A fellow “student of the horse” I met in an equine anatomy course in the fall of 2016 is a Certified Equine Massage Therapist. Upon learning this, naturally, my curiosity was piqued! I want to learn all that I can about these magnificent creatures and couldn’t think of a more hands-on and therapeutic way to interact with them. I had so many questions for my classmate.
- What is your history with equine massage therapy?
- Did you have any other experience with massage therapy (human or animal) or equine anatomy/physiology/et cetera prior to taking the course?
- What was the learning experience like?
- Did you feel confident practicing right away and how did you go about finding clients?
- Are other practitioners receptive to sharing skills/advice within the community?
- Do you feel this is viable as a full-time career or something to pursue part-time?
Her reply was encouraging. She spoke very highly of the course, the instructor, and the amount of knowledge gained, I simply had to wait until the course was being taught at a time and location that worked for me.
Fast-forward to June 2018 and I have successfully completed the 80-hour Certified Equine Massage Therapy course myself. It was a fascinating and rewarding experience. The learning curve felt steep at times and there were many moments when, to borrow one of the instructor’s analogies, I felt like a pig on roller skates!
Luckily, the group was small and all but one of us had zero experience in massage therapy. We were all beginning and learning at the same pace with guidance from an incredibly knowledgeable, patient, and kind instructor. Homework prior to the course included an overview of the skeletal system and layers of muscle along with a few fancy words, like Effleurage (ef·fleu·rage) and Pettrisage (pet·riss·age), both pronounced with a soft “G” like in the word fromage, one of my favourite foods!
Each day was structured in such a way that we covered theory and were able to apply it right away, hands-on with the horses – an invaluable part of the learning experience. Homework was assigned at the end of each day to review what we had learned and prepare for the next day. I did little more than eat, sleep and study that week.
On the very last day, we tied it all together, each of us on our own to fully assess and treat a horse. My client was Oliver, a gentle, blue-eyed paint I fell in love with on the first day of the course. He, along with all of the other therapy horses at T.E.A.D. were very patient with the many inexperienced hands constantly poking them throughout the week.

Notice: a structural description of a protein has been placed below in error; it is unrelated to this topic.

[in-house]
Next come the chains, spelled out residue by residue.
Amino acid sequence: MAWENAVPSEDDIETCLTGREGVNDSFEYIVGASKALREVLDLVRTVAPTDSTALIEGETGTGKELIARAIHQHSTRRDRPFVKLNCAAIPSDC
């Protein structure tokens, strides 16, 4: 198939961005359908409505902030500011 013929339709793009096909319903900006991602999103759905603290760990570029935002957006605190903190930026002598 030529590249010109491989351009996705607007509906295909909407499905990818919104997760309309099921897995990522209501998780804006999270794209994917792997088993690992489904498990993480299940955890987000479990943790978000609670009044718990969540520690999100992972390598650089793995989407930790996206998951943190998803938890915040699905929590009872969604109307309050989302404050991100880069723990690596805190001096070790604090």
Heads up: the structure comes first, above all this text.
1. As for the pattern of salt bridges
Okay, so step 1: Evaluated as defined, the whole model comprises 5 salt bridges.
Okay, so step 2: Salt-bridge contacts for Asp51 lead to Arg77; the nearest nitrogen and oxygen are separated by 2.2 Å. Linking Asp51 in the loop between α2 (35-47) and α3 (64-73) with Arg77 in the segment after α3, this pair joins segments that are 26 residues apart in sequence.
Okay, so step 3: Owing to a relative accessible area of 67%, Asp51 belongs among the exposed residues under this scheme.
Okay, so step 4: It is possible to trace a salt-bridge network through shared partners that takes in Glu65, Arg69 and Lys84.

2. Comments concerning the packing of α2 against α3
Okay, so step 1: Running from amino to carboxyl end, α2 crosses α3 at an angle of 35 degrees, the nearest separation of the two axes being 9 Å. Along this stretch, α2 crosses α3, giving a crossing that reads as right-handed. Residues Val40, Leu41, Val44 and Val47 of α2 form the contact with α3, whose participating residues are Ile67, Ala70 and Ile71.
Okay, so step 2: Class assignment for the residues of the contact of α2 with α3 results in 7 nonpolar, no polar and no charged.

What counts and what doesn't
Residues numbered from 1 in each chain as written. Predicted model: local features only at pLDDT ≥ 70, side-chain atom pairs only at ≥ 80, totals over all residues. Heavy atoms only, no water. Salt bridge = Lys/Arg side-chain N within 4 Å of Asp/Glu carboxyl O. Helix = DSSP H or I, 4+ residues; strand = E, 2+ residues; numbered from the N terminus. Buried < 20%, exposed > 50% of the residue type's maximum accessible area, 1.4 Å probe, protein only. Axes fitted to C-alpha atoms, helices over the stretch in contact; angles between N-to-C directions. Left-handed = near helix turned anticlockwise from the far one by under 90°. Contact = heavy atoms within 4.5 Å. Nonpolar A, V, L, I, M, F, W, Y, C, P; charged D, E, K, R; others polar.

I will admit, when I walked into Oliver’s stall to begin my first full treatment, I 100% felt like a pig on roller skates! Luckily, that feeling was short-lived. As I ran my fingers along the sides of Oliver’s spine, he winced when I hit a sore spot along his lumbar vertebrae. I felt an immediate sense of relief! Not because he was in discomfort, of course, but because I had identified an area to focus on in an attempt to relieve his discomfort. I applied all of the techniques I had learned that week to the muscles surrounding the area of concern on one side and slowly worked my way around his rump to the other side. Once there, he leaned into me as if to say “that’s the spot!” and stayed there as I massaged the muscles on that side.
During the treatment, Oliver stretched his body in a way I have never seen a horse move. It was a long and low full-body stretch. After observing this twice, I decided to assist him with some hind leg stretches. He leaned right into it on the left side, put the weight of his leg in my hands and extended fully, with his hoof pointing straight out to the wall behind him.
After focusing in on a couple of other areas, at the end of a 2-hour treatment, I decided to finish with some myofascial release. I gently placed my hands on the top of Oliver’s forehead, closed my eyes, and slowly rocked with him, pushed and pulled by the force of the cerebral spinal fluid flowing back and forth along the length of his body. He fell asleep and I shed a few tears.
I owe an immense amount of gratitude to my instructor, Sidonia McIntyre, all of my classmates who contributed to the learning experience with their curiosity, encouragement and support, to T.E.A.D. for hosting us, and to Joanne Rutley at Happy Neighs Tack Design for answering my questions and encouraging me to take the course. I will be practicing my newfound skills with the therapy horses I learned on over the coming weeks and months, with the intention of building a client base of my own in time.